Japanese artists

Do you have a weakness for Japanese art? Located on an isolated island, Japanese art remained uninfluenced by Western society for a long time. In traditional Japanese art, we often see woodblock prints (ukiyo-e), hanging scrolls (kakejiku), or illustrated handscrolls (emaki). Most often, these traditional artworks will also include calligraphy (shodo). These mediums are distinct characteristics of traditional Japanese arts. Famous traditional artists include Utamaro and Utagawa Toyokuni. More recently, Japanese modern and contemporary art has been explosive in today's art world. What was once an isolated entity, has now become a highly sought-after commodity. Artists like Takashi Murakami and Yayoi Kusama have dominated the art scene by creating wildly out-of-this-world works that contribute to Japan's thriving artistic state. Despite the initial unease towards Western influence, Japanese art has been anything sort of successful. 

Since the success of Superflat, a contemporary art movement influenced by Japanese anime, manga and pop culture and founded by Takashi Murakami, Japanese artists have invaded the international art scene.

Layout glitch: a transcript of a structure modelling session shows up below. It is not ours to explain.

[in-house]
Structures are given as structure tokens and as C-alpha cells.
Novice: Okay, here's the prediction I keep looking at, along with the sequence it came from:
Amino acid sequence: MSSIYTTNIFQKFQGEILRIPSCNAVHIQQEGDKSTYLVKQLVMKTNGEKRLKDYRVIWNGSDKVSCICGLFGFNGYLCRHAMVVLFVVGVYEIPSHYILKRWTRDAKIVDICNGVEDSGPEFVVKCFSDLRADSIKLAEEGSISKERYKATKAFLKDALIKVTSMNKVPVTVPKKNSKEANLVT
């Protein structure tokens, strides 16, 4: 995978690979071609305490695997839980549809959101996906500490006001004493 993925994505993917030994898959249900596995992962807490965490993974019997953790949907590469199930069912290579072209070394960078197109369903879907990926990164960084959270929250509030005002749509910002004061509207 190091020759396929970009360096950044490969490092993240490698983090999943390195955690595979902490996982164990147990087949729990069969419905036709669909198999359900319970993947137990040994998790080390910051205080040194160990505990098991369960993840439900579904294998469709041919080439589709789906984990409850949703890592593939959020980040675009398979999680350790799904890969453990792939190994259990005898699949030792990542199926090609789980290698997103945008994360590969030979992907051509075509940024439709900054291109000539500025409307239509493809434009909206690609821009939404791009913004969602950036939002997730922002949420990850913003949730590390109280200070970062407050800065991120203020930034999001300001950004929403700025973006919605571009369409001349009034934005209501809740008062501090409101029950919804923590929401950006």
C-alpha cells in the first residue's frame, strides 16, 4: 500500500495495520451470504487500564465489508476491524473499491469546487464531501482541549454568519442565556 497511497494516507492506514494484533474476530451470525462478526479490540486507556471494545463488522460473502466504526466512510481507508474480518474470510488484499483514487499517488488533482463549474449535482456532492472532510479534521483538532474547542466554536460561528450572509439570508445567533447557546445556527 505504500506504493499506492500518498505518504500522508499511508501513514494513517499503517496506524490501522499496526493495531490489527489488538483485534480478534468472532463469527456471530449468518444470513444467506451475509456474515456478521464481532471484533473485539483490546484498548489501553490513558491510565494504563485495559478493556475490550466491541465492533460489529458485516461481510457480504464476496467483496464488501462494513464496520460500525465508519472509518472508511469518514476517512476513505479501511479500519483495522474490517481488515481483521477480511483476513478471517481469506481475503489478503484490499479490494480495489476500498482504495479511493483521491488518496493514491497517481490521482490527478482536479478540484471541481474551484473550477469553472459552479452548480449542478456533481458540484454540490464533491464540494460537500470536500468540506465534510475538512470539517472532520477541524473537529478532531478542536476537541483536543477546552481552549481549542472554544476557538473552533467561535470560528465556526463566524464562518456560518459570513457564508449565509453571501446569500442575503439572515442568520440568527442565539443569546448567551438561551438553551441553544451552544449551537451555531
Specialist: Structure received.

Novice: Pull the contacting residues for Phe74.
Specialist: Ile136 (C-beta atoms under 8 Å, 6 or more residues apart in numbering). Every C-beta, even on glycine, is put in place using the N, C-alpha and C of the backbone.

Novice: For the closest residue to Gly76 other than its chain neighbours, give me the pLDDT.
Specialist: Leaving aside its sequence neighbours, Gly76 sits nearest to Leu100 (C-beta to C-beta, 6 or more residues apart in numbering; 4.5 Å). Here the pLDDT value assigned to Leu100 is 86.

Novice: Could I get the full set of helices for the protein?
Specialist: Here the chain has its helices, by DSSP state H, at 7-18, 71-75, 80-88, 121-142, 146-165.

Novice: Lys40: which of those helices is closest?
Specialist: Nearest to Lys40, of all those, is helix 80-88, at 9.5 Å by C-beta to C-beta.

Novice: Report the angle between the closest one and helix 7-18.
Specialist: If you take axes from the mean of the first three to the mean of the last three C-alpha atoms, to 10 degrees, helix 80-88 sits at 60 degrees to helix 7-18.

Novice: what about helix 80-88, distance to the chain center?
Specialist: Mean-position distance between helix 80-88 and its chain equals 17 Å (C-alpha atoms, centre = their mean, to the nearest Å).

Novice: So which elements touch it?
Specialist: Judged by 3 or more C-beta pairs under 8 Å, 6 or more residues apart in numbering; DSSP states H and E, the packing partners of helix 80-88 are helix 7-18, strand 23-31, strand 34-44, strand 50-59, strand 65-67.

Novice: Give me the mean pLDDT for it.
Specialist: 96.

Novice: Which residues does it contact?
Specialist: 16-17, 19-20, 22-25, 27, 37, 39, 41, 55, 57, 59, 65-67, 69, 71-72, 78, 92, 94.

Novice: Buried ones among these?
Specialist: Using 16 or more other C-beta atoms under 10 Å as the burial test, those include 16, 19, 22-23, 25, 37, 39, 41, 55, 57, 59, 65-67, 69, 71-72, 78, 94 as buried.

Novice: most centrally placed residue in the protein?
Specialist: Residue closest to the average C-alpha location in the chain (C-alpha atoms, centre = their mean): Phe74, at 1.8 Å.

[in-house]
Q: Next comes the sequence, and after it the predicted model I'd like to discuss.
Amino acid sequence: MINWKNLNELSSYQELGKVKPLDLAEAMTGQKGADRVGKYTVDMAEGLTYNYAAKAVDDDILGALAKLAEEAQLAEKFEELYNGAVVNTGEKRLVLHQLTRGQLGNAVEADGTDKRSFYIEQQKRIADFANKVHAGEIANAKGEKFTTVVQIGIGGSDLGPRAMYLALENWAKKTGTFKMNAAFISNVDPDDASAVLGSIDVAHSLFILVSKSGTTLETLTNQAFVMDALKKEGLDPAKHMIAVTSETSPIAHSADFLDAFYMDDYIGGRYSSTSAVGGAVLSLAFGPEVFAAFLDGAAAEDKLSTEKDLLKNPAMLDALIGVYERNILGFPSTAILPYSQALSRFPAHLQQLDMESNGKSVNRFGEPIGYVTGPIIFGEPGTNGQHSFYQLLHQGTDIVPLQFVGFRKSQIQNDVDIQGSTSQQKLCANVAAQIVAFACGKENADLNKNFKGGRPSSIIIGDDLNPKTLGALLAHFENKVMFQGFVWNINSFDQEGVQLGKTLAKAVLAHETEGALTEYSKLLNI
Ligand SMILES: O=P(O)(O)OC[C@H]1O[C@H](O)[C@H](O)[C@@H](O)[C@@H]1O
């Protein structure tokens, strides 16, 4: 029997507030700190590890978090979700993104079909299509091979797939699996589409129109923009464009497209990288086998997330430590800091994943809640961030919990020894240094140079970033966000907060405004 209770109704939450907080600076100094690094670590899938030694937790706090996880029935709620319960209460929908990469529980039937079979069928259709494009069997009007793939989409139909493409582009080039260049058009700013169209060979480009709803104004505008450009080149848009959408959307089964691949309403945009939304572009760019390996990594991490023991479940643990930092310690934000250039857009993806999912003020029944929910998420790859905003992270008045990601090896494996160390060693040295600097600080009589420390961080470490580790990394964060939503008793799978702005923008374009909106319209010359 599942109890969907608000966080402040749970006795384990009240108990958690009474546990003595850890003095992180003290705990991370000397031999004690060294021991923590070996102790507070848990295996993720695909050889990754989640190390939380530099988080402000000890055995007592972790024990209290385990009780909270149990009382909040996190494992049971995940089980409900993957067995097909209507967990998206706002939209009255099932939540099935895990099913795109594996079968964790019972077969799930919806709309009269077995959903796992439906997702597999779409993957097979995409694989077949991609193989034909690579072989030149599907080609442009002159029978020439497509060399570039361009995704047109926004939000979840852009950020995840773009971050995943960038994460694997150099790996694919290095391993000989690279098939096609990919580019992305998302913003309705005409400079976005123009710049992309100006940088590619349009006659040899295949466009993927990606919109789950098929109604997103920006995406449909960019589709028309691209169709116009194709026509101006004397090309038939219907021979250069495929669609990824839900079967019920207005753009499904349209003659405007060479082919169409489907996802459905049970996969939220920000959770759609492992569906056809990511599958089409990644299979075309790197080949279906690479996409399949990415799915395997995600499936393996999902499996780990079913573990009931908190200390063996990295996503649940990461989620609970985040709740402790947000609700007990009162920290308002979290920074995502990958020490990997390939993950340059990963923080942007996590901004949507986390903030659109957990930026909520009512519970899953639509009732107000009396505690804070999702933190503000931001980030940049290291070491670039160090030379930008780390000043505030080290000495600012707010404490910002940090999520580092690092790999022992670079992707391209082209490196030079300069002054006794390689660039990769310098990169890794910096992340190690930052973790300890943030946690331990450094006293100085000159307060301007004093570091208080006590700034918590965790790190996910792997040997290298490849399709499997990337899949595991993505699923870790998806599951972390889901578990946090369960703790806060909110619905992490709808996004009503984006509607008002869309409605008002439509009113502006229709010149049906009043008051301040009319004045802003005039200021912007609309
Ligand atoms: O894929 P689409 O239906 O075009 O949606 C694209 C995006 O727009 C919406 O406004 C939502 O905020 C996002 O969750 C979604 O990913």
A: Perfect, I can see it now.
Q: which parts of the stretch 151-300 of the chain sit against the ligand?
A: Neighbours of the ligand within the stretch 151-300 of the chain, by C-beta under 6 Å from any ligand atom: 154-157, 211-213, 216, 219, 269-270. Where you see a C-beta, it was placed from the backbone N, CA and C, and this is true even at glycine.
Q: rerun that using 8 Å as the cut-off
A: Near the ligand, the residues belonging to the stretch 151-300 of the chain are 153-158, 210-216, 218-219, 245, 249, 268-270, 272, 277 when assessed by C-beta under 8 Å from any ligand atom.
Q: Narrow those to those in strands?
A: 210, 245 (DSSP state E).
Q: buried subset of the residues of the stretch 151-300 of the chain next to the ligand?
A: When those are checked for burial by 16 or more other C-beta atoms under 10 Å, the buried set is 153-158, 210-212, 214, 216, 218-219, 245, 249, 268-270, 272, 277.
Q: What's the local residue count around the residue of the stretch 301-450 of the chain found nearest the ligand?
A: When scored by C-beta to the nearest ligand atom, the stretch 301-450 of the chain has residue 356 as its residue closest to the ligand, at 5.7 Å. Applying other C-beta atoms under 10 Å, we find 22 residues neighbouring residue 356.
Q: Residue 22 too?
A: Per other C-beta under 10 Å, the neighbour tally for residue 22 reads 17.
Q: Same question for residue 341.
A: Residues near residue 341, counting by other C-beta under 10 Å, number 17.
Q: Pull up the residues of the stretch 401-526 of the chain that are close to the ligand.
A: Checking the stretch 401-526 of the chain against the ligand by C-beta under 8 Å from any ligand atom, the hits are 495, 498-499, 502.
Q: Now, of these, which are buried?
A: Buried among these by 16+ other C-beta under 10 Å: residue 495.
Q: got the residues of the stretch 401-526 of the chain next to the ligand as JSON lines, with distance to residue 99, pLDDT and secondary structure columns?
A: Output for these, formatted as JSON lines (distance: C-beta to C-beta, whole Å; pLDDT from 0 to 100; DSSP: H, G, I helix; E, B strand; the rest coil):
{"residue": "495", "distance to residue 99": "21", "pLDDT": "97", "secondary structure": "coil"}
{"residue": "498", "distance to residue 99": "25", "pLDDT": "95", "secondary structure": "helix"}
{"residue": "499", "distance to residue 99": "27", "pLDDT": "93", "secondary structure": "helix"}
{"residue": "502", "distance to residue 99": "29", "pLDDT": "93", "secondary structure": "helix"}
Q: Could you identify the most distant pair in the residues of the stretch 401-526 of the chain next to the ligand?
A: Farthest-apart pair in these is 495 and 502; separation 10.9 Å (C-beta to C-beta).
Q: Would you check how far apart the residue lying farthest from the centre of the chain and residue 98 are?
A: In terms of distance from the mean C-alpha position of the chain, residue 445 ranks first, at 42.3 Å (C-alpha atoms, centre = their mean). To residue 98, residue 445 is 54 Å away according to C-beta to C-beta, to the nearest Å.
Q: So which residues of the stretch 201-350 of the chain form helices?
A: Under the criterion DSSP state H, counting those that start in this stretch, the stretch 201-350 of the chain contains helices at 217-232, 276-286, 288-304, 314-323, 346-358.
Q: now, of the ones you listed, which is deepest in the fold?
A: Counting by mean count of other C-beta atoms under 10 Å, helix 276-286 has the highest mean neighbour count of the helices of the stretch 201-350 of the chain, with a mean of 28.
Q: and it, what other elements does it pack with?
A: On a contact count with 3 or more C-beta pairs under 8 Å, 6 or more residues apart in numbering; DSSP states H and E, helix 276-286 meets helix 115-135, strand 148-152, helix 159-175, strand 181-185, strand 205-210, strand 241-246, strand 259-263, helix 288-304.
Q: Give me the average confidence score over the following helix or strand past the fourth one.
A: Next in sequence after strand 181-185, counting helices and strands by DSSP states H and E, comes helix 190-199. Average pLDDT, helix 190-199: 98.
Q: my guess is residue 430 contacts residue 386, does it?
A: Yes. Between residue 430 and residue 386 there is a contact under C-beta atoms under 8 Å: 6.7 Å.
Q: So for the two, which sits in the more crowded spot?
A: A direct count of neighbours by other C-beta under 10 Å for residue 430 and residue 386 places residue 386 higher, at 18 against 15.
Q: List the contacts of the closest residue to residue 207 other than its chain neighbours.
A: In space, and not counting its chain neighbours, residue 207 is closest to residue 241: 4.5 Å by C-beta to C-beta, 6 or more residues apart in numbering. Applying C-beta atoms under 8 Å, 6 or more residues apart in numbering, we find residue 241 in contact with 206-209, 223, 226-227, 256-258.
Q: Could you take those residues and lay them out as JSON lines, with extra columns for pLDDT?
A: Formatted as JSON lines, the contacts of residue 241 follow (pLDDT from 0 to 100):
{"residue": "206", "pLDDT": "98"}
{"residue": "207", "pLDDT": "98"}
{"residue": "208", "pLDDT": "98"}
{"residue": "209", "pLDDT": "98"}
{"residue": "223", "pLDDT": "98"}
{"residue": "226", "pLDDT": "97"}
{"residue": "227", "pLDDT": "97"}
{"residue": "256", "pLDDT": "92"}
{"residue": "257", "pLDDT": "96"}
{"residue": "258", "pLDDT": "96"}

Japanese art is distinguished by its great diversity. Some artists, such as Yoshitomo Nara, with his drawings of children and dogs with large naive eyes, retain, with a focus on the theme of innocence, the sensitive and fragile aspect of their traditional art. Others add to their art a degree of provocation and eroticisicm. Yayoi Kusama and Yoko Ono, both provocative and sometimes erotic, began their careers as artists during the 1960s in New York working with the movements Happening and Fluxus, respectively.

Others still are interested in the history of their country, pop culture or the consumer society. Ryoko Watanabe, for example, is inspired by Japanese stereotypes such as the Geisha and incorporates such characters into modern and urban landscapes.

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